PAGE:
The best way to handle the return to the office

return to the office

How do your employees feel about coming back to the office? Nervous, worried, excited? And how about you? What’s your plan for keeping people safe while keeping your business profitable over the coming months?

Many people are divided over the issue of returning to the office. Those in favour say it’s good for the economy, good for morale and good for the bottom line. Those in opposition are still worried about the threat of Covid-19 on their health and are perhaps reluctant to give up the benefits of working from home.

Understanding the landscape today – and how it’s likely to evolve – is key for businesses wondering what to do next.

Home or away

Working from home was a worldwide experiment that, well, worked. Now, according to a recent report, Homeworking in the UK, nine out of 10 people in the UK who have worked from home during lockdown want to continue doing so.

With this in mind, it’s no surprise that several global businesses have already implemented solutions that don’t insist on office attendance. Facebook and Twitter have released statements to this effect, while Pinterest is putting its money where its mouth is by terminating plans for a major new office space in San Francisco, paying US$90 million to break the lease.

However, experts have started to sound warnings about a long-term shift to working-from-home – citing the risks to workers’ mental health, their careers and even the economy if workplaces are not returned to.

In the UK, Dame Carolyn Fairbairn, director-general of the CBI, has warned that previously busy city centres have turned into “ghost towns” due to office closures, causing a negative impact on local businesses, jobs and communities. However, rather than go all-out, she recommended a “hybrid” approach, which would see a mixture of home and office working.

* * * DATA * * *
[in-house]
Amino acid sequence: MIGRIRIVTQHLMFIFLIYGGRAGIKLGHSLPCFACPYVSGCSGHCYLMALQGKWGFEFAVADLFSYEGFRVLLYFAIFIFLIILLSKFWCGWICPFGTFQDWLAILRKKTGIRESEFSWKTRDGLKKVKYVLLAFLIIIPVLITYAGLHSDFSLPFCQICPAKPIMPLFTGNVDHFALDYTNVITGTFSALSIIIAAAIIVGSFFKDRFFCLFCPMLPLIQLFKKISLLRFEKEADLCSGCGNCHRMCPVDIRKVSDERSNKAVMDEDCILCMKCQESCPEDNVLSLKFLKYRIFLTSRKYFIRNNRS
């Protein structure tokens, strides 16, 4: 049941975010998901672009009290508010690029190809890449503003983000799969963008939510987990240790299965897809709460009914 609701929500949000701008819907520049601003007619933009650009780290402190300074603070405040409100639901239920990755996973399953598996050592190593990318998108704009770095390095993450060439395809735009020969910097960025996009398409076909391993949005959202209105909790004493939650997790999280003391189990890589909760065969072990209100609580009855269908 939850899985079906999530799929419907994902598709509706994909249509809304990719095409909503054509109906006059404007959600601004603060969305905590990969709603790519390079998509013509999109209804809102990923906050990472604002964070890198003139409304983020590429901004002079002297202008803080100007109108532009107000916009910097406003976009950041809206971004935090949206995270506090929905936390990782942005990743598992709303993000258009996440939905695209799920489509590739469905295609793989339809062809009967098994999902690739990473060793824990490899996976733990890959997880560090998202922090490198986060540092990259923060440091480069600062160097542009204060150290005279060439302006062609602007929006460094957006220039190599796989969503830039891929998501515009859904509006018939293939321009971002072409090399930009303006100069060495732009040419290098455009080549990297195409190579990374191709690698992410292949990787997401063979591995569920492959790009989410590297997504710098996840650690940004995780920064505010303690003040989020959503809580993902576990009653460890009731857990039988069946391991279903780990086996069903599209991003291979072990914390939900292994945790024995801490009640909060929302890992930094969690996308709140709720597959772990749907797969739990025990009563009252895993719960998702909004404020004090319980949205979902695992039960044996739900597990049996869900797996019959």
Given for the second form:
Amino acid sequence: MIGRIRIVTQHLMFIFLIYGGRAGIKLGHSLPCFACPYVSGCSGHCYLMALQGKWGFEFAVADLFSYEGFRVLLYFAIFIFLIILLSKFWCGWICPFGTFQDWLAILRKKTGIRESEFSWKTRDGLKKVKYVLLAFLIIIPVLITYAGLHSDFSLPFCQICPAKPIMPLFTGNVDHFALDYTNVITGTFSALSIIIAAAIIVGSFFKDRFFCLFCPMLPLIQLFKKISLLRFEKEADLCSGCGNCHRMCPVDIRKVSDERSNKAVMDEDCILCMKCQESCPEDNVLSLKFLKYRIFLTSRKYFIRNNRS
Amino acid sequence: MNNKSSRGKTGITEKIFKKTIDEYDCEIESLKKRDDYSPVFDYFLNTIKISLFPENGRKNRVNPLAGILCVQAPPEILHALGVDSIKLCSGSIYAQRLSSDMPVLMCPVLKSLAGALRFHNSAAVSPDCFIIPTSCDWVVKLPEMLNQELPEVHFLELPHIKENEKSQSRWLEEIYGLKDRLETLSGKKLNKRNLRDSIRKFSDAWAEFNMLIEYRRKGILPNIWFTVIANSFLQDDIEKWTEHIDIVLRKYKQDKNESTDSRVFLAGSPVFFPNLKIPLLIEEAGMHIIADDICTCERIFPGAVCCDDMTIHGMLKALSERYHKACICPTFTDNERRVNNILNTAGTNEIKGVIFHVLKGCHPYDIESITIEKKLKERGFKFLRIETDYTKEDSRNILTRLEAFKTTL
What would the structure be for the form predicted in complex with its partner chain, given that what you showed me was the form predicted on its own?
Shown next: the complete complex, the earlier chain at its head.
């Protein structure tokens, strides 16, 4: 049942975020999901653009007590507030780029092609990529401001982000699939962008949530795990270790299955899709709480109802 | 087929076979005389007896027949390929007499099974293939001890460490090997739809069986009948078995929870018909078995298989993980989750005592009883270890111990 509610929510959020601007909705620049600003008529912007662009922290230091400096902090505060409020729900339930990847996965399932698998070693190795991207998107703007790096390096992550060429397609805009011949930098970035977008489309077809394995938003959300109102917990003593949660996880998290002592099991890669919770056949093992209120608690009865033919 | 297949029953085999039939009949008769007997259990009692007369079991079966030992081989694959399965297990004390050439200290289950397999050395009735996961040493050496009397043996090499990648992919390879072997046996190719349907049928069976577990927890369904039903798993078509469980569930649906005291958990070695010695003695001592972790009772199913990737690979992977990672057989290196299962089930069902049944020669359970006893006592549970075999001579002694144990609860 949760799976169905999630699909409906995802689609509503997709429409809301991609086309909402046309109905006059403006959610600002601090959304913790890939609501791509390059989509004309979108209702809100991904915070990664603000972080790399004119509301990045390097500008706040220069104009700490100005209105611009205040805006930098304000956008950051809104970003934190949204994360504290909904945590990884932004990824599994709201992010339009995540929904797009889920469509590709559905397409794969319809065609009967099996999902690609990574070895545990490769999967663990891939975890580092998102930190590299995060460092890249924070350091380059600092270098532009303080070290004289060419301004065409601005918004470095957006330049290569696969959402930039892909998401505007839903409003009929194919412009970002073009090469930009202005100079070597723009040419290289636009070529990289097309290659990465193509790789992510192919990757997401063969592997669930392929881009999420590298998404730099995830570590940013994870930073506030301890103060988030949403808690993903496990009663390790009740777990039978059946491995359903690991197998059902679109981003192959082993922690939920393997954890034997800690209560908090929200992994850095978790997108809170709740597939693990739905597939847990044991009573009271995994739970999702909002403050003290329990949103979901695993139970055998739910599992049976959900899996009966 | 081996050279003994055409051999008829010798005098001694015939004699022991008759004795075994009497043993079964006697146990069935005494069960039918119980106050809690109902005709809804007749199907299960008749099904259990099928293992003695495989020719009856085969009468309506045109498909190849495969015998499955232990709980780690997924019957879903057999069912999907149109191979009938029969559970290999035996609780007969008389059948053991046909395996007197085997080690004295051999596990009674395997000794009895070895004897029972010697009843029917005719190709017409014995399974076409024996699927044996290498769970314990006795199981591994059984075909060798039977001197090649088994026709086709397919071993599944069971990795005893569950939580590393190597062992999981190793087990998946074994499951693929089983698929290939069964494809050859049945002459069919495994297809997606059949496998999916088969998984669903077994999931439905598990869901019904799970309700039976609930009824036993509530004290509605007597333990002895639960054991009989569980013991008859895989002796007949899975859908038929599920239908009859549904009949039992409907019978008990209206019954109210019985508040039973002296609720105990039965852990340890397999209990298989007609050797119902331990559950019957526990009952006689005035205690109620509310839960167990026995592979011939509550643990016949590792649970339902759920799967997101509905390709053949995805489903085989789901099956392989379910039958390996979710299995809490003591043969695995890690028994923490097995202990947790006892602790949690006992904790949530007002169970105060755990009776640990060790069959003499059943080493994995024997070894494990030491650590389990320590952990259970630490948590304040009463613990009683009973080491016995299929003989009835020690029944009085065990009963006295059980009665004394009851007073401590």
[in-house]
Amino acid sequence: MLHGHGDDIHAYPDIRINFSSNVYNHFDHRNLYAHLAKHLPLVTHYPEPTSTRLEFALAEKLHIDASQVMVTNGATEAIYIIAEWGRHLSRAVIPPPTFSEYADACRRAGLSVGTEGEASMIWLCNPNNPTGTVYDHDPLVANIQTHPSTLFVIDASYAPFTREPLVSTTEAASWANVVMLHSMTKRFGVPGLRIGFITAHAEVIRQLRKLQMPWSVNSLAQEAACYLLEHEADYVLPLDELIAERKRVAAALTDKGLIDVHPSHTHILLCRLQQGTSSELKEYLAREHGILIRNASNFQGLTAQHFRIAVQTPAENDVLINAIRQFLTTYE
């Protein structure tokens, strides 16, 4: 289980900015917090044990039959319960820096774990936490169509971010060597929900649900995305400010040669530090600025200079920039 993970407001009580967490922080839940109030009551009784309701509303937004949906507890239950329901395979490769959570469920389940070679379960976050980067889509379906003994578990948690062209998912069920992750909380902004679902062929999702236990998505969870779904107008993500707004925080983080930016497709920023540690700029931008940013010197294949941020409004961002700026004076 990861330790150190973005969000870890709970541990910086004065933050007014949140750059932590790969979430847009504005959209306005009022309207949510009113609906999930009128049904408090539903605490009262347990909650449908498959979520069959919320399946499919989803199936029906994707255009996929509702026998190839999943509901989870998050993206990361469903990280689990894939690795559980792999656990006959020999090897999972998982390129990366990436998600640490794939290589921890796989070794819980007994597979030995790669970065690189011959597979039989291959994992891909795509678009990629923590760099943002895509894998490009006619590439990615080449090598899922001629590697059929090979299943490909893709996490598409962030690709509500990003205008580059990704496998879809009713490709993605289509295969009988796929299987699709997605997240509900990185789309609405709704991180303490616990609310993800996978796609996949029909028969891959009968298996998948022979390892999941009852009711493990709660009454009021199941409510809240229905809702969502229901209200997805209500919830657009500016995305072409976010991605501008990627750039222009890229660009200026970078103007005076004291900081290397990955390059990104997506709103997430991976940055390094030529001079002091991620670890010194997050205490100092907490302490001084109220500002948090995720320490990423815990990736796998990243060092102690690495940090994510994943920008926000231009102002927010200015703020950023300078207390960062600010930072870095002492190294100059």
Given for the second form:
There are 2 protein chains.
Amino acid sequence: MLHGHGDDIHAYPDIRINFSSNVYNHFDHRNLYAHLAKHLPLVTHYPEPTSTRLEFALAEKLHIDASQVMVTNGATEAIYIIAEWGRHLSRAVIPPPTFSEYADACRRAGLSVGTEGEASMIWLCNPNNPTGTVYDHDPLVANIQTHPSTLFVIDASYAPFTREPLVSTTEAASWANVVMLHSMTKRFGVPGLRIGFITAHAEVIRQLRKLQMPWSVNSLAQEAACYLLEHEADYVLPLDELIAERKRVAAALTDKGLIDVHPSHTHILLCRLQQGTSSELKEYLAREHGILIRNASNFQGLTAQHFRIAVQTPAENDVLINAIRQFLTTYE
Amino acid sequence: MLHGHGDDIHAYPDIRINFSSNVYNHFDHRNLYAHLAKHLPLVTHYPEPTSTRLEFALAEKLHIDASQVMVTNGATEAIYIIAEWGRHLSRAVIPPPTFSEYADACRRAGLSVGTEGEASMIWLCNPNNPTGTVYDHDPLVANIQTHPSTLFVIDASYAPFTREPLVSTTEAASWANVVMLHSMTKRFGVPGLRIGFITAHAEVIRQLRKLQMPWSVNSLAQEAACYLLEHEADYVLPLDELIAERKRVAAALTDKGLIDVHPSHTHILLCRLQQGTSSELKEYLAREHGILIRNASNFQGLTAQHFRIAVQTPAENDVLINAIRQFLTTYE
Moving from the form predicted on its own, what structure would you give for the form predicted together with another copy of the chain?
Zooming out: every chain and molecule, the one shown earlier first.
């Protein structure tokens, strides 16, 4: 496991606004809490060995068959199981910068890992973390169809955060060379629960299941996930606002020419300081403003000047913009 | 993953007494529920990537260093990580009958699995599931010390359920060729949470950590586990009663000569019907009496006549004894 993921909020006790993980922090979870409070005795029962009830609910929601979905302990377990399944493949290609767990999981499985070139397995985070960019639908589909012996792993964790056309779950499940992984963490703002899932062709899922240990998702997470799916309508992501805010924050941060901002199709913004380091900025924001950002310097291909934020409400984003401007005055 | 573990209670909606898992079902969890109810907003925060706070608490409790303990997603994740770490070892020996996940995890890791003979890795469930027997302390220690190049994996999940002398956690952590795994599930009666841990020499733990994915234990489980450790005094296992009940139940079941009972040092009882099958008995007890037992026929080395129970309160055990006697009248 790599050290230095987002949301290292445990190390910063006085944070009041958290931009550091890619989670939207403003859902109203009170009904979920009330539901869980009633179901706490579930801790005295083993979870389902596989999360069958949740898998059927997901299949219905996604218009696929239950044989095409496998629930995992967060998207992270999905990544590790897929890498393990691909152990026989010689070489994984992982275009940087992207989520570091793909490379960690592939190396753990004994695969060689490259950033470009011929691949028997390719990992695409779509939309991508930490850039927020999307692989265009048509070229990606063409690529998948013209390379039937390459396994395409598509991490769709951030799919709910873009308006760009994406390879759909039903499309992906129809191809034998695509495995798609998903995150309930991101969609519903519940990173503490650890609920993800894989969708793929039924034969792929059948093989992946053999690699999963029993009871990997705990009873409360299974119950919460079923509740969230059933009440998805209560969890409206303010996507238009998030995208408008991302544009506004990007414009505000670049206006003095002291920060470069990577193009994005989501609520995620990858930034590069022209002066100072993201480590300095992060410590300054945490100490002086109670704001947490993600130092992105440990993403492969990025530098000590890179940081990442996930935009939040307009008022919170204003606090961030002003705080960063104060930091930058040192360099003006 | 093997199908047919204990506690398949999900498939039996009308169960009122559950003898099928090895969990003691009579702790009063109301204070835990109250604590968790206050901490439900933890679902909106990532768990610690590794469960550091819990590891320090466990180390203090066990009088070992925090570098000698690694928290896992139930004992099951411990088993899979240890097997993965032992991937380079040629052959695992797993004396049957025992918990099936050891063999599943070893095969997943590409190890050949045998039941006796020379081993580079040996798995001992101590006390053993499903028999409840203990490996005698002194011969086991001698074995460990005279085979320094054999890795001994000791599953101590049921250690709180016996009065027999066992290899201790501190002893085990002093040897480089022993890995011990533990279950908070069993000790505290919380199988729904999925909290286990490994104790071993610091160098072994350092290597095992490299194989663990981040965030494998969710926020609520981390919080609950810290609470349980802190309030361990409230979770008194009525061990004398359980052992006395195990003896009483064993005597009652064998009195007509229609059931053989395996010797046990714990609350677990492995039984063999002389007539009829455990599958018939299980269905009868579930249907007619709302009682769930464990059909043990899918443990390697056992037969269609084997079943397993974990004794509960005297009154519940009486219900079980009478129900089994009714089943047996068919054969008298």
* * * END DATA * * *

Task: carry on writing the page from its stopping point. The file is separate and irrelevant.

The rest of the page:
Best of both worlds

The hybrid model is an appealing one. According to interviews conducted by the BBC, for many employees, having in-office and remote work options would be the best way forward, even in a post-pandemic world.

This hybrid model even has support from an unlikely source – Eric Yuan, the CEO of teleconferencing app Zoom, which experienced exponential growth as a result of the pandemic this year. “A hybrid model of work, whereby employees come into the office for two or three days and work the remainder from home, will be the new standard coming out of Covid-19,” said Yuan in a recent interview with real estate finance firm Walker & Dunlop.

New way: short-stay

With this in mind, many business leaders are now dealing with a logistical puzzle. How do you prepare the office for the return of your employees when you’re not sure how many will be coming back? How many desks will you need to provide this week? How about next month? How about in six months from now?

The solution could be a ‘short-stay office’. An evolution of the hot-desking concept, it allows for businesses to book office space by-the-hour and at short notice – in order to retain ultimate flexibility.

This short-stay solution enables employees to stay closer to home, minimise risk and – as an added bonus for the environment – reduce their commuting.

And it’s incredibly convenient. There’s no need to set anything up, since everything from the coffee to the superfast Wi-Fi – is already taken care of. Simply turn up, plug in and work away in a clean and safe environment.

Spaces can help your business with the return to the office. Our short-stay space enables you to use the space your business needs when you need it. Book your space right here.


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